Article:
What Sven could learn from me

Mark E Smith
Monday June 5, 2006
Guardian

Running the national football team is very much like running my group, the Fall. As a manager, you've got to maintain a certain detachment from your players, and it's the same with my musicians. When we're on tour, I sit at the back of the bus. We're friendly but the secret of it is never get too ally-pally. You can have a pint or two together now and again but you don't want to be going round their houses.

You don't want people to get too comfortable, because if they do, there's no way they'll be on top of their game. It's not a job for life. I see the Fall being like a football team with a two- or three-year cycle. There's always going to be a period where I'll need a new centre-forward.

I always like to keep a strong subs' bench of people who can step into the breach, cos you never know when you might need them in an emergency. [Smith is currently touring the US with pickup musicians, after a guitarist, drummer and bassist became the latest of around 50 "ex-players" who have sadly and suddenly departed from the Fall.]

You want a manager that's hard but not stupid. I met Manchester City manager Stuart Pearce on the transfer bus on the way to Amsterdam. He's a hard case. Some lads were going up to say hello, but he had this air of "That's all you're gonna get". I like Pearce but I couldn't stand Kevin Keegan. I saw him on telly once when City were playing Newcastle and he went up to the Newcastle fans, shaking their hands. The City players were looking at him, appalled. No surprise he never won a game against Newcastle or Liverpool.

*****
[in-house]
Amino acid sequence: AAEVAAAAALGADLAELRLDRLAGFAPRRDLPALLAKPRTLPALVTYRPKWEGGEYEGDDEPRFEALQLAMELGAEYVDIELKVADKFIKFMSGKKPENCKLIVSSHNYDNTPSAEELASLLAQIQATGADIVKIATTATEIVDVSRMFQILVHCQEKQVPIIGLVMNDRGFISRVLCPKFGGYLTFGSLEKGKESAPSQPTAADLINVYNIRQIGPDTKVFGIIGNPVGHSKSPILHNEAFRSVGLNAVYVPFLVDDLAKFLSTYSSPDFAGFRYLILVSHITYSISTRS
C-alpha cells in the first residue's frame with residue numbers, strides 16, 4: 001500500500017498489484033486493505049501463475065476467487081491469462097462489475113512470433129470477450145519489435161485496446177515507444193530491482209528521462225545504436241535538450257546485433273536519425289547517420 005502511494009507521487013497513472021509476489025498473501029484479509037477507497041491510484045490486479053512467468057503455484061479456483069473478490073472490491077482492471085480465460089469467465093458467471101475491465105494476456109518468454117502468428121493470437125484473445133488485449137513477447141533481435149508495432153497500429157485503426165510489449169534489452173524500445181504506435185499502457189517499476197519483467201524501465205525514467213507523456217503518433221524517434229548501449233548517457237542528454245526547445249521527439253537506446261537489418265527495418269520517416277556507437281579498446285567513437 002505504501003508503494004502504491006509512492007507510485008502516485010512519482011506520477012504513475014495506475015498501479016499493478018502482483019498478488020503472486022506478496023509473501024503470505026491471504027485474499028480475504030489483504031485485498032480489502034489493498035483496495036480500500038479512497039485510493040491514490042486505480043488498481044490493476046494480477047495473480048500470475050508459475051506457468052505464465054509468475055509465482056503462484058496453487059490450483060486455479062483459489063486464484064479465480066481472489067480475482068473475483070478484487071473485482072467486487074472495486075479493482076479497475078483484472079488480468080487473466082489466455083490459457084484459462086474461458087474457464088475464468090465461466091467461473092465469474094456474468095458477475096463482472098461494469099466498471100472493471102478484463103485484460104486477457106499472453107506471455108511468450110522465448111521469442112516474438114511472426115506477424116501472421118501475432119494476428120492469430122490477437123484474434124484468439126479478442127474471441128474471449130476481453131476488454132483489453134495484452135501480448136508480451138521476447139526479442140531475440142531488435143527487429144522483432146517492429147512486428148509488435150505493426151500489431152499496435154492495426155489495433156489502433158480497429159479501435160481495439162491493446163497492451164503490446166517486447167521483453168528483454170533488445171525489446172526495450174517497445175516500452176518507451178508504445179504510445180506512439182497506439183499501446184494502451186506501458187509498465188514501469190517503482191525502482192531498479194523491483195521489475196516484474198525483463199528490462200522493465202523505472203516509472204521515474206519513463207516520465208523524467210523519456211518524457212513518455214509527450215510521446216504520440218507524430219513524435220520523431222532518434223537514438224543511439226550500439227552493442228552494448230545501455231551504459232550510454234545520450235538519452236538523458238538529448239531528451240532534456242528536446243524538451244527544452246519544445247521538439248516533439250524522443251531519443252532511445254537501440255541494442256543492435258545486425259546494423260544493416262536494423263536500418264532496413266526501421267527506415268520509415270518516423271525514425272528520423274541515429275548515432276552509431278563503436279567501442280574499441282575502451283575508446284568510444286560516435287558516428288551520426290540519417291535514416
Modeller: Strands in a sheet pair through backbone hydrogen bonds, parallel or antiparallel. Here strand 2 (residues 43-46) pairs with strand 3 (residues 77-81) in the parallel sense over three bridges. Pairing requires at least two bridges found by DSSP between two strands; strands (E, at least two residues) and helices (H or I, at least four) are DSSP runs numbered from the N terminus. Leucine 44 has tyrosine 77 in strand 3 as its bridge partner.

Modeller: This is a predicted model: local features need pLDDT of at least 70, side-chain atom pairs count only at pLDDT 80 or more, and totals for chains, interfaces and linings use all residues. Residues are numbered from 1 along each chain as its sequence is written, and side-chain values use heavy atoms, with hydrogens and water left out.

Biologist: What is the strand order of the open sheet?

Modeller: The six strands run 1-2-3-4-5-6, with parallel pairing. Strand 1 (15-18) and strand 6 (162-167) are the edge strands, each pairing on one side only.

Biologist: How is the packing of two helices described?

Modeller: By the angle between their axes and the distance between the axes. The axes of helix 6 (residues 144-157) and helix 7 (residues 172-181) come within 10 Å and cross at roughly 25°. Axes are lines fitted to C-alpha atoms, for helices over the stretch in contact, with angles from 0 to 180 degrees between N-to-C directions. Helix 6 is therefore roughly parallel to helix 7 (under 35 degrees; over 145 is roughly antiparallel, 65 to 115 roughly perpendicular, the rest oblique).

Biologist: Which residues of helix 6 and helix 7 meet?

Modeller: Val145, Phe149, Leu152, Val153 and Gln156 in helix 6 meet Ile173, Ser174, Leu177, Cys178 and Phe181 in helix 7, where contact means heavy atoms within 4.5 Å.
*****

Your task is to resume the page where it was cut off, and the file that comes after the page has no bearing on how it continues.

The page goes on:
The way the England team is now is ridiculous. A team of superstars is like a supergroup. It's like picking the best guitarist in Britain, the best drummer and the best singer, and expecting them to produce something that isn't prog-rock mush. It doesn't work: this England team will never work at the highest level. I know that. See, Sir Alf Ramsey [who managed England's 1966 World Cup win] – people never liked him for it, but he'd always have the full-backs from the second division. He took players and moulded them, like I do with musicians. Gordon Banks, the goalkeeper, was from Stoke City, who were bottom of the first division. They'd conceded more goals that World Cup season than anybody else. But it works. You want a goalie who gets bloody shot at every week! You don't want the Arsenal or Spurs goalie or whoever in any national team, because he's never got anything to do! He might pull off the occasional beautiful save, but he's never gonna be any good against a gang of Poles or whoever who know full well they're going to face the firing squad if they don't score.

Mind you, I shouldn't be talking about England. My wife's Greek, and when Greece won their first game in the [2004] European championships, I said, "Put a bet on now." We didn't put the bet on, but I know these things. Two of my mates put £500 on at 250-1. When Greece won the tournament the wife went crazy, absolutely mad. We even ran a Greek flag up in the front garden. We were very popular that week."